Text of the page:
Symptoms / Change in Bowel Habit


Bowel habits can vary from person to person. This includes how often you have a bowel movement, your control over when you have a bowel movement, and the bowel movement’s consistency and color. Alterations in any aspect of these habits over the course of a day represent a change in bowel habits.

While some bowel movement changes can represent temporary infections, others may indicate greater cause for concern. Knowing when to seek medical help can prevent an emergency condition from worsening.


Changes in bowel habits can be caused by a range of conditions, from a temporary infection to an underlying medical disorder. Examples of chronic conditions that can cause changes in bowel habits include:

  • celiac disease
  • Crohn’s disease
  • diverticulosis
  • irritable bowel syndrome (IBS)
  • thyroid disorders
  • ulcerative colitis

Medications, including many antibiotics, can cause changes in bowel habits. Read the side effects on your medication’s package or contact your doctor or pharmacist if you have recently started taking a new medication and experience changes in your bowel habits. Taking excessive amounts of laxatives can also affect your bowel habits.

Test and Diagnosis

When you get medical attention, a doctor will take a medical history and ask you to describe your symptoms. You may be asked to provide a stool sample to test for the presence of blood if you are experiencing blood in your stool.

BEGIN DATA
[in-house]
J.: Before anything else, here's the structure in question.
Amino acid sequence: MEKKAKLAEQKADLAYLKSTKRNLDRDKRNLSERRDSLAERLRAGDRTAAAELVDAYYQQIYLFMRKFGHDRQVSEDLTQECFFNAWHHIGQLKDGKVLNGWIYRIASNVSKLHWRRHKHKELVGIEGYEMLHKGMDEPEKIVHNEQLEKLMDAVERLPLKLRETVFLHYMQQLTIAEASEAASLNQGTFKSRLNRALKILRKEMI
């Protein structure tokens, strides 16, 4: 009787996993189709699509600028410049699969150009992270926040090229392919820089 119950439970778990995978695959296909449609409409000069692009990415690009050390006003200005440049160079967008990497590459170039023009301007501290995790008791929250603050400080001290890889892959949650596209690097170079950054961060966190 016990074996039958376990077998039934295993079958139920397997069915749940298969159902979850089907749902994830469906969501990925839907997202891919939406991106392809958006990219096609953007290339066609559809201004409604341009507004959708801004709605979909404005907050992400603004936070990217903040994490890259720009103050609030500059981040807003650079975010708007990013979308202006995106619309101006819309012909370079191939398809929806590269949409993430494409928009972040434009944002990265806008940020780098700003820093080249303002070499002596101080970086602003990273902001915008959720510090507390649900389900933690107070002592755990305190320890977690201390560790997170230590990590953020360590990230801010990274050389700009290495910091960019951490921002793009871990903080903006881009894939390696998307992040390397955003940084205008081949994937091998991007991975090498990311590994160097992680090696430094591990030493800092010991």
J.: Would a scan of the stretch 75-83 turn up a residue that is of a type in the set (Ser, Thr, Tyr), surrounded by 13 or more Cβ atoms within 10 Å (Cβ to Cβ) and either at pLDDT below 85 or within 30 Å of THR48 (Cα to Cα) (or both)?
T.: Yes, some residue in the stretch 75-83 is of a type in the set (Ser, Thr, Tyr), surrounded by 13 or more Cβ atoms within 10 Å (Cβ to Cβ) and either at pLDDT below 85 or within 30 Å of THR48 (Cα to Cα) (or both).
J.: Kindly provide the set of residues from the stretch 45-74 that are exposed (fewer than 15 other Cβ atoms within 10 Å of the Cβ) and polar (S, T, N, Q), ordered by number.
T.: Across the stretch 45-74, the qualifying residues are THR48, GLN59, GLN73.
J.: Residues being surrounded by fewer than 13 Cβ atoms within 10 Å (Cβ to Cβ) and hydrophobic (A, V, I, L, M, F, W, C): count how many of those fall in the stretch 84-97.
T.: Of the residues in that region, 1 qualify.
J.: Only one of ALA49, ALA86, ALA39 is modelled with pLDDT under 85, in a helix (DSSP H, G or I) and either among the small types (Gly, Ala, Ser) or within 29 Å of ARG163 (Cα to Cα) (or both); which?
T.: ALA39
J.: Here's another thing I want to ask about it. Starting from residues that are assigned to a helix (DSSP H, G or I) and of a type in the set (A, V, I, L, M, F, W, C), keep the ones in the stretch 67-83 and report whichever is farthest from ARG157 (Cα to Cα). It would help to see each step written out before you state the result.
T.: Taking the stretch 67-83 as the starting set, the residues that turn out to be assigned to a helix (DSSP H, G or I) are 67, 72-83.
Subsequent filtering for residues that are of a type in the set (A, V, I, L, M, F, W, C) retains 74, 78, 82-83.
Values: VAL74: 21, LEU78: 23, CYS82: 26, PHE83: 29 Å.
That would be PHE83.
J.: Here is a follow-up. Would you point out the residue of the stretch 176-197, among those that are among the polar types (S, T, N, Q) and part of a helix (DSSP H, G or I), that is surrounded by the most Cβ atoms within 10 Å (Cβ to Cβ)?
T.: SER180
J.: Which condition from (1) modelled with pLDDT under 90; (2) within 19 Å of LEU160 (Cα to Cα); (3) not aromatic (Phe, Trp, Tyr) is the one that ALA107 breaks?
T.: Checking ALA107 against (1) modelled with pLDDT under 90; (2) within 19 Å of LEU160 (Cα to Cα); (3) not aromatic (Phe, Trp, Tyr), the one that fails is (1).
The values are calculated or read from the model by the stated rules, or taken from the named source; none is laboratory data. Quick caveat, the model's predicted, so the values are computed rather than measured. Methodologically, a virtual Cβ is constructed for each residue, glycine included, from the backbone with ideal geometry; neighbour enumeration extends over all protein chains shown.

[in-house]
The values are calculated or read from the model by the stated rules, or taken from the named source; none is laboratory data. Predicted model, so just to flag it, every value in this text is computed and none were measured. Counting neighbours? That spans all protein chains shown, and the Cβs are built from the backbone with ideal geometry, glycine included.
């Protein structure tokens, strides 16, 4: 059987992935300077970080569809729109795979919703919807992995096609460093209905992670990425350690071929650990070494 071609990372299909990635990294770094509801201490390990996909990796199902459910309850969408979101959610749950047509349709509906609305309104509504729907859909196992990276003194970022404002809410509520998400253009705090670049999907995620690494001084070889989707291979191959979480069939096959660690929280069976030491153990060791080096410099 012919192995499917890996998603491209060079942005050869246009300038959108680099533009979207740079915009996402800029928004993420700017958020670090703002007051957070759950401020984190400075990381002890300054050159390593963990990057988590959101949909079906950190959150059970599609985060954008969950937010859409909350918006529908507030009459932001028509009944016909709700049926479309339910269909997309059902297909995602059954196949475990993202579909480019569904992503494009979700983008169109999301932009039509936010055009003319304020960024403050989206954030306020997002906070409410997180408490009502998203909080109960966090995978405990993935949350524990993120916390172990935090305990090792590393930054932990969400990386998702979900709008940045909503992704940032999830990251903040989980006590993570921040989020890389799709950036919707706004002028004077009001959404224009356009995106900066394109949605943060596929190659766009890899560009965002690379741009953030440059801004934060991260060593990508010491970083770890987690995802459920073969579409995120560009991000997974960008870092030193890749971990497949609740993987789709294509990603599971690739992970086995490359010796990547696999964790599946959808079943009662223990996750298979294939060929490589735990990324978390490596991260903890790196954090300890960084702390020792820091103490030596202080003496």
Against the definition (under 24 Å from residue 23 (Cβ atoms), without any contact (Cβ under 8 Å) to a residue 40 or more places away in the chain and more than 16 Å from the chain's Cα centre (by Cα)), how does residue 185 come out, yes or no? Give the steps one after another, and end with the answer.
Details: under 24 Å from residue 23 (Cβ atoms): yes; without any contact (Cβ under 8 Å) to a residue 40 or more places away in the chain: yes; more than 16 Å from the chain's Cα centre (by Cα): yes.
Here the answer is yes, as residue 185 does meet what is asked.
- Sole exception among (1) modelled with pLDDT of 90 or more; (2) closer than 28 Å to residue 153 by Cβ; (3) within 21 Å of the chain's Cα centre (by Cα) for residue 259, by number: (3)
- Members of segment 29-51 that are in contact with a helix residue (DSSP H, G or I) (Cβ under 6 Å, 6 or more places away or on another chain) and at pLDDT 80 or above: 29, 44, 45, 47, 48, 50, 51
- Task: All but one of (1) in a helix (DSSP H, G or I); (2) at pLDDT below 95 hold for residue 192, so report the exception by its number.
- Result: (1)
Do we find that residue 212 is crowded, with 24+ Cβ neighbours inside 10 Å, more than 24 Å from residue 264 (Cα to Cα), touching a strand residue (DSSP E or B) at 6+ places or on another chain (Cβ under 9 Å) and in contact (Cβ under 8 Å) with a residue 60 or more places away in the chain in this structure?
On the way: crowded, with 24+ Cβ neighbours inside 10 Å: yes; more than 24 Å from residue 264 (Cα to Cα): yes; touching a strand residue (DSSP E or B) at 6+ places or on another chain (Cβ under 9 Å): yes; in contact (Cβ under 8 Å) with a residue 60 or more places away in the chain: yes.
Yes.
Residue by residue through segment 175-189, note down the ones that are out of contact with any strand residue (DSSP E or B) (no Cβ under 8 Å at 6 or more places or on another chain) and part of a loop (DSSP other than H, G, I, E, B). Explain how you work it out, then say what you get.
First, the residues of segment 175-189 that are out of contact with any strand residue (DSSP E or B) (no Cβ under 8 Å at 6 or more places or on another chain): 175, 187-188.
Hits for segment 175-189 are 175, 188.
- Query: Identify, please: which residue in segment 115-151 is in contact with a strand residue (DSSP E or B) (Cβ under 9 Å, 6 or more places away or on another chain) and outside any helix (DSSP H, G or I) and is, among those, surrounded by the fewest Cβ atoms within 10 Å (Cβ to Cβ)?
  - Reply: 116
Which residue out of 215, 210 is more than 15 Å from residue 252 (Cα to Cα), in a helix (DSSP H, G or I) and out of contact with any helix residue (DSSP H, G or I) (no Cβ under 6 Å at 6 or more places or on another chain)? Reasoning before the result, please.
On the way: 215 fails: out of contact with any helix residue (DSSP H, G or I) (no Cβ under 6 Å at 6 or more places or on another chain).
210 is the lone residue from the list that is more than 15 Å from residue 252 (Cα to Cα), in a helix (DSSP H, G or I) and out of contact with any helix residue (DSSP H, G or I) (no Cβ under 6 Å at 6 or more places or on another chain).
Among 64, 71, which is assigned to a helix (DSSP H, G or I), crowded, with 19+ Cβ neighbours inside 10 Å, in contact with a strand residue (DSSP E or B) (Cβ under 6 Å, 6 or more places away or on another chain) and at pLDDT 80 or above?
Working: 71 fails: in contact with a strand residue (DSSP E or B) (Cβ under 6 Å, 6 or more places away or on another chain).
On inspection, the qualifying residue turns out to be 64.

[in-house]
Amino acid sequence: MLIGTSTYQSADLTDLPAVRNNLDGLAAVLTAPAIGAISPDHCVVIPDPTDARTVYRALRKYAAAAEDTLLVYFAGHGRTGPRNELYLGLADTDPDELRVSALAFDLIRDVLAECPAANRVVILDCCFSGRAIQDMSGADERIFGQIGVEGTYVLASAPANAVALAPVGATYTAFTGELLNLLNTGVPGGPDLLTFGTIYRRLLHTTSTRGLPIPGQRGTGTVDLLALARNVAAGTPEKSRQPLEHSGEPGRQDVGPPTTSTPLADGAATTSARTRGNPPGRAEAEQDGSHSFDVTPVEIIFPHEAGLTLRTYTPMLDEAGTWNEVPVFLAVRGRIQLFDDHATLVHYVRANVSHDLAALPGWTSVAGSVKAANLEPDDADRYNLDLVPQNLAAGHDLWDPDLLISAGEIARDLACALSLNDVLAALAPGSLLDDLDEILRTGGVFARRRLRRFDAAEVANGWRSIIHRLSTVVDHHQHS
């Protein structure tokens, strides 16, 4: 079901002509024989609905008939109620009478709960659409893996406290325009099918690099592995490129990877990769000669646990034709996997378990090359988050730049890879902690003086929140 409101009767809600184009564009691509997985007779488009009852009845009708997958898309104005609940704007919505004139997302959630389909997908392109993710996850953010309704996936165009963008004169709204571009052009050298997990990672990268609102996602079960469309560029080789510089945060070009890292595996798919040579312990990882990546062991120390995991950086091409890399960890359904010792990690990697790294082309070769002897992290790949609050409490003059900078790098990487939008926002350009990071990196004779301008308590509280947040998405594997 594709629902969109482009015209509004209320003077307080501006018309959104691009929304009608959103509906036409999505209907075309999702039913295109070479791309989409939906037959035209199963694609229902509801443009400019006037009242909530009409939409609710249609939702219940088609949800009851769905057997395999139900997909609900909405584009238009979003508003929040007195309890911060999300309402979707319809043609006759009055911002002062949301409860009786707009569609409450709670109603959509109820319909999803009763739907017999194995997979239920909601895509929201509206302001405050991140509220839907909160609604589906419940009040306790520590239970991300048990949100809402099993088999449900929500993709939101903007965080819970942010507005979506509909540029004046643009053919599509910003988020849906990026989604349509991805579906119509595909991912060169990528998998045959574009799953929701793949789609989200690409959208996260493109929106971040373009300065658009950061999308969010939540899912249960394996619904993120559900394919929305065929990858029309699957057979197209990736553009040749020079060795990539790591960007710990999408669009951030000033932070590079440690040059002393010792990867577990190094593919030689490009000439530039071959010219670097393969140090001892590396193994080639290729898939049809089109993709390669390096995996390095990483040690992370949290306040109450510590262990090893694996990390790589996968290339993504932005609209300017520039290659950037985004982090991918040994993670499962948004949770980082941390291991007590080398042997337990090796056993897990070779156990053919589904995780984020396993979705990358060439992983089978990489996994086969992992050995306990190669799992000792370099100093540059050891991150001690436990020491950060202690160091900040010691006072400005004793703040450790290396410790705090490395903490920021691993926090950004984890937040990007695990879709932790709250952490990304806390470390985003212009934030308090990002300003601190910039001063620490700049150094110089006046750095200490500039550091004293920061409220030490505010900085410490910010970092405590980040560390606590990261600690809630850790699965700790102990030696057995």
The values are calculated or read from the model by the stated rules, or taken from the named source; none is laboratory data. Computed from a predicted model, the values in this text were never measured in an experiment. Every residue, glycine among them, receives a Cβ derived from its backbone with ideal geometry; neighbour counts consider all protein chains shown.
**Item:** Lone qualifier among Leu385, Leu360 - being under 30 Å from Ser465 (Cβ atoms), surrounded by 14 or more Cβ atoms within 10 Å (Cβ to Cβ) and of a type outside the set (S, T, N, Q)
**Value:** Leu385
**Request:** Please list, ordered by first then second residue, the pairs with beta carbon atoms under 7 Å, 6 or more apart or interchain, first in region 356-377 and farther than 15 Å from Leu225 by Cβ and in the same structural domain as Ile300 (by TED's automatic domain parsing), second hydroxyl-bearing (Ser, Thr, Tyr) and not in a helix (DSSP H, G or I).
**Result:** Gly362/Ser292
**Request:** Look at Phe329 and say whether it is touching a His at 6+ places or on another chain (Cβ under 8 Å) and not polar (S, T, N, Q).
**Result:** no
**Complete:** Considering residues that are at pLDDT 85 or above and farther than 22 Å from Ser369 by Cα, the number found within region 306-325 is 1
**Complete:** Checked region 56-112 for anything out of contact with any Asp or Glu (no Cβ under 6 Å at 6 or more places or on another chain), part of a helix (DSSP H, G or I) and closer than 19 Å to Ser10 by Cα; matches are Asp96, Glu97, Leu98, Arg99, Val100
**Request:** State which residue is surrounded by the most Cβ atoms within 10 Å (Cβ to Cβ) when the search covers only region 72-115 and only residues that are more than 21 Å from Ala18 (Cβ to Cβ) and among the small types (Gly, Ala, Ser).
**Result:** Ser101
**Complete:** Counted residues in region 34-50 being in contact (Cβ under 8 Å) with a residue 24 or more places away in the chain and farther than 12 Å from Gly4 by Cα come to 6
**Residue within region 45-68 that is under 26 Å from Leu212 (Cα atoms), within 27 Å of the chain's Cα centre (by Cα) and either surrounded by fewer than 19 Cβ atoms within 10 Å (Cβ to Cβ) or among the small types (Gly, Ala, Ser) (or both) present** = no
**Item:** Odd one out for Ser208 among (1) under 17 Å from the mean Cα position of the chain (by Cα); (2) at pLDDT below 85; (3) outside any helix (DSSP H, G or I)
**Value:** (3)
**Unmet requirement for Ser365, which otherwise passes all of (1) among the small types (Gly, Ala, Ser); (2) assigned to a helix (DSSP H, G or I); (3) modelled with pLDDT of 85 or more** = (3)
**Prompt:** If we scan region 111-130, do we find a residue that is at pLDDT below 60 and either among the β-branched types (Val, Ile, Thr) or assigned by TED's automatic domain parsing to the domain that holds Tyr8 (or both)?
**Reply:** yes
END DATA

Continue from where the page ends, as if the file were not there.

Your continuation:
Additional tests that may be used to determine potential causes for changes in bowel habits include:

  • blood tests
  • colonoscopy, a test that views the inner lining of the colon to identify tumors, polyps, pouches known as diverticula, or areas of bleeding
  • CT scan to view tumors or other bowel irregularities
  • X-ray imaging to view trapped air in the bowel


Changes in bowel habits are treated based on the underlying cause your doctor identifies. If bleeding is a concern, a gastrointestinal specialist may repair the bleeding area or it may heal itself.

A doctor may recommend prevention methods if constipation is a concern. These can include:

  • drinking more water
  • exercising regularly
  • going to the bathroom when you have an urge (do not wait to use the restroom)
  • increasing your fiber intake

Other treatments will depend upon your specific diagnosis.

    Disclaimer: This article is for information only and should not be used as a substitute for professional medical care by a qualified doctor or other healthcare professional. ALWAYS check with your doctor if you have any concerns about your condition or treatment.

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    Spire Dunedin Hospital

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    0118 902 8161

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